Esquith on Peer Relations

I have learned that before I decide if a kid is truly special, I had better observe and listen to his peers. They are a much better judge of a child’s worth and potential than I. They are the ones who know if the child is nice to play with, easy to get along with, and honest and decent. As teachers or parents, we have a very limited view. Yes, we have a lot to say, but so do our children. (Esquith, 2008).

There is a riveting section of There are no shortcuts where the author describes three students of whom he was particularly fond.  That’s not the riveting part, of course, since Esquith is known for his charismatic, no-nonsense classrooms.  The riveting part is his description of how one of these students later went on to write a scathing criticism of their former teacher and his methods.  The vitriol in this one letter shattered Esquith, and he took quite some time to recover from the blows dealt him.

The portion germane to this week’s discussion in EDU6132 is how completely oblivious this gifted teacher was to the real events and the real character traits of students in his classroom.  The lesson I take from this chapter in the book is how poor a judge the teacher can be of the true peer dynamics going on in the classroom.  That’s the gist of the quote above.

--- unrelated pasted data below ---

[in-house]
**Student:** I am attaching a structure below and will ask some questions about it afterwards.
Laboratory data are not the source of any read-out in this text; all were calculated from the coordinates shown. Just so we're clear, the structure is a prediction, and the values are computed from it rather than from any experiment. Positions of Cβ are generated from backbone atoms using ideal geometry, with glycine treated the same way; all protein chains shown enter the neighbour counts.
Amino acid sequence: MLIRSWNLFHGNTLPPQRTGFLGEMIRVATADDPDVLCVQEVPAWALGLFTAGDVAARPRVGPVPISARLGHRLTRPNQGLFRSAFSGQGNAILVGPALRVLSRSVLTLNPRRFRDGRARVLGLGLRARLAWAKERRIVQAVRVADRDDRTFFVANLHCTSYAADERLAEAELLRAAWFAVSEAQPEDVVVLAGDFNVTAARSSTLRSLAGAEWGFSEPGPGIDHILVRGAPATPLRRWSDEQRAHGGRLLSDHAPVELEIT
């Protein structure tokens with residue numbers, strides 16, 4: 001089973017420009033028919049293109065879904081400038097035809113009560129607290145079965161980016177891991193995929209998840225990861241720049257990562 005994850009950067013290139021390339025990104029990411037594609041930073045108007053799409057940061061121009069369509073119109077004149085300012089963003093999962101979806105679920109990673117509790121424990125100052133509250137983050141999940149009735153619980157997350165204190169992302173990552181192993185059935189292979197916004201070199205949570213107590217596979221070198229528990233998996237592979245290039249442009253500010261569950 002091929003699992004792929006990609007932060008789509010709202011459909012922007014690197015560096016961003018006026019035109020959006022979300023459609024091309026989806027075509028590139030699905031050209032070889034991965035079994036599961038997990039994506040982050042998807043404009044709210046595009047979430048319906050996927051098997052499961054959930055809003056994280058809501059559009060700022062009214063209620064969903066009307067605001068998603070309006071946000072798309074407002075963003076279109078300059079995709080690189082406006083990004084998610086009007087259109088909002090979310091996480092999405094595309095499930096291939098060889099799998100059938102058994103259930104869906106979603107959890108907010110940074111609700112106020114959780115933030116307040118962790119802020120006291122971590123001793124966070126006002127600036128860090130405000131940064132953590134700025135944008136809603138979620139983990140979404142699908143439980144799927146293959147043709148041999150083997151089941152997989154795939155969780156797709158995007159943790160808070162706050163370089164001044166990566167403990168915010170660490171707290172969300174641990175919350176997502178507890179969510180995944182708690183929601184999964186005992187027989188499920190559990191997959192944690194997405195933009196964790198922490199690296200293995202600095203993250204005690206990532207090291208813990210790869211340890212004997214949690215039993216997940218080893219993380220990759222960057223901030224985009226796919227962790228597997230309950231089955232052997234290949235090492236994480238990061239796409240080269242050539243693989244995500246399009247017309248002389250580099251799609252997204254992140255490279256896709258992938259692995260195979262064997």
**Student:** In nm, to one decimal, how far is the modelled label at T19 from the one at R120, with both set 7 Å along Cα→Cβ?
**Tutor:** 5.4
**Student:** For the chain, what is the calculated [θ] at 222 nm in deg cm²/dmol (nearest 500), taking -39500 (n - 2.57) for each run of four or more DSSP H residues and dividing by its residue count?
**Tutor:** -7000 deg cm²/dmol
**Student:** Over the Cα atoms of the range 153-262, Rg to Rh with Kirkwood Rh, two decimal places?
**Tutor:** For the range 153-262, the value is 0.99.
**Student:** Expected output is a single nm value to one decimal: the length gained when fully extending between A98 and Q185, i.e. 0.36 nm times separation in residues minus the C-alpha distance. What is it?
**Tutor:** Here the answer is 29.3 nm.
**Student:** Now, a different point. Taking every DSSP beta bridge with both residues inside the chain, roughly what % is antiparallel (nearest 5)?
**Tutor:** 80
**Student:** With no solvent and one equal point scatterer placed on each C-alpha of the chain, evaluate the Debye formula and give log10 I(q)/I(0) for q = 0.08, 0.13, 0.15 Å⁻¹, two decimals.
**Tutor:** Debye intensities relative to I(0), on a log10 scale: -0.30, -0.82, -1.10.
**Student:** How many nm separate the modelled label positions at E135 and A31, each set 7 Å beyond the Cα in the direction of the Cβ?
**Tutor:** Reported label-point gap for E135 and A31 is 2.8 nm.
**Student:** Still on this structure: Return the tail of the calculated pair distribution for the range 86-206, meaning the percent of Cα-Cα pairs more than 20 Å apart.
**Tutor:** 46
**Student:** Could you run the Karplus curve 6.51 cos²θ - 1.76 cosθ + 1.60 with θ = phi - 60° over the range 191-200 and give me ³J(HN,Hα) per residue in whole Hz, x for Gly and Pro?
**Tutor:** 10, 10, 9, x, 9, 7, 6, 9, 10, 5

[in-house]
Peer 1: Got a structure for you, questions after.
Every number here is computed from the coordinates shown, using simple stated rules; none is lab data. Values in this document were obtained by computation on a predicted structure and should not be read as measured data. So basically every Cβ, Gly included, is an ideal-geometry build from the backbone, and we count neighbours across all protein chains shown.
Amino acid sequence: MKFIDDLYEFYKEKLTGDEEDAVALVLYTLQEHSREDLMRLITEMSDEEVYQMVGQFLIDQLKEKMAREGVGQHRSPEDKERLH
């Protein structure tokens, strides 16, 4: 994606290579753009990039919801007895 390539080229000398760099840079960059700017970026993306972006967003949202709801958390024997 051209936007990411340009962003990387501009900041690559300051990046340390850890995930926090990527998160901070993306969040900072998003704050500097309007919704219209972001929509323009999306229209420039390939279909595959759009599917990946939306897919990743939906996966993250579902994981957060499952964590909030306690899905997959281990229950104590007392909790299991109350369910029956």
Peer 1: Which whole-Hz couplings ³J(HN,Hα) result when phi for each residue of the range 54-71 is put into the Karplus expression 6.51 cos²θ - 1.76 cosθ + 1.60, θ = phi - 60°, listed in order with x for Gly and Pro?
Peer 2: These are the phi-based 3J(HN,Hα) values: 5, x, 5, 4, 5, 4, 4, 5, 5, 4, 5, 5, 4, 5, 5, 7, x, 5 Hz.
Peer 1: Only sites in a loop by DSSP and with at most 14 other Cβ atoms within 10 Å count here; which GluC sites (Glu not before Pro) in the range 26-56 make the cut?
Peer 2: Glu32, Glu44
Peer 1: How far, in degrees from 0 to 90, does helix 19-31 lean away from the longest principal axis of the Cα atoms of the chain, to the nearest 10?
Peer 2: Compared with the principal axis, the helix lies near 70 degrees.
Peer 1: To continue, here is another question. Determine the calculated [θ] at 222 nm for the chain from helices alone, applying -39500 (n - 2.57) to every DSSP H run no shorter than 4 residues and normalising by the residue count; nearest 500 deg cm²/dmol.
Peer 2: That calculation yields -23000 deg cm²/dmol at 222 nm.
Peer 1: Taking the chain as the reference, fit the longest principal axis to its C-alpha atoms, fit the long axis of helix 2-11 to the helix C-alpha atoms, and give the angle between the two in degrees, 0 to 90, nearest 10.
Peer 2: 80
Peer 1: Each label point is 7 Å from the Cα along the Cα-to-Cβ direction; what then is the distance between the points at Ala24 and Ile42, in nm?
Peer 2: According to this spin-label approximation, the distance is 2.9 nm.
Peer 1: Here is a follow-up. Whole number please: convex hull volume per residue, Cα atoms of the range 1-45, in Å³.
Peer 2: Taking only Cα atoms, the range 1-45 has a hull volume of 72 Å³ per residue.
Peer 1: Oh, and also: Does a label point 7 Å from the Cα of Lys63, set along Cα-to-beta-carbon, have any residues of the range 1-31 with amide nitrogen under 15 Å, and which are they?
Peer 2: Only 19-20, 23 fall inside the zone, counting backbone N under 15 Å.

What then is the teacher to do?  All that perhaps can be done is to recognize that a teacher will always see some of what they want to see in the classroom and ignore the rest.  As the quote above indicates, the teacher needs to corroborate any judgment of character with a students’ peers.

The other part I take from this story is the real inability any teacher has to make students like one another.  Respect is a pretty high bar when you see that one young adult in the classroom really does *not* want to be sitting at a table with this other young adult.  You can enforce positive peer relations through rules, but you can’t make a student like another.

Finally, Esquith relates that his class mission statement:  “Be nice, work hard.” was developed in direct response to this episode in his teaching career.  The quintessential statement embodies his hope not only for students and their academic growth but also their character development.  And that, of course is at the bottom of peer relations.  And although we will all fail, we need to see the way forward is growth.

I was no longer anguished about the [three students]; I was upset with myself for not having given them a chance to see a different type of human being. I did not want these children to be like everyone else, but I had never clearly shown them the possibility of a different kind of existence. I was upset because I had been a poor teacher. (Esquith, 2008).

References

Esquith, R. (2008).  There are no shortcuts.  Anchor Books.

This post is also here:
https://weisenfeldj.wordpress.com/2011/05/17/esquith-on-peer-relations/

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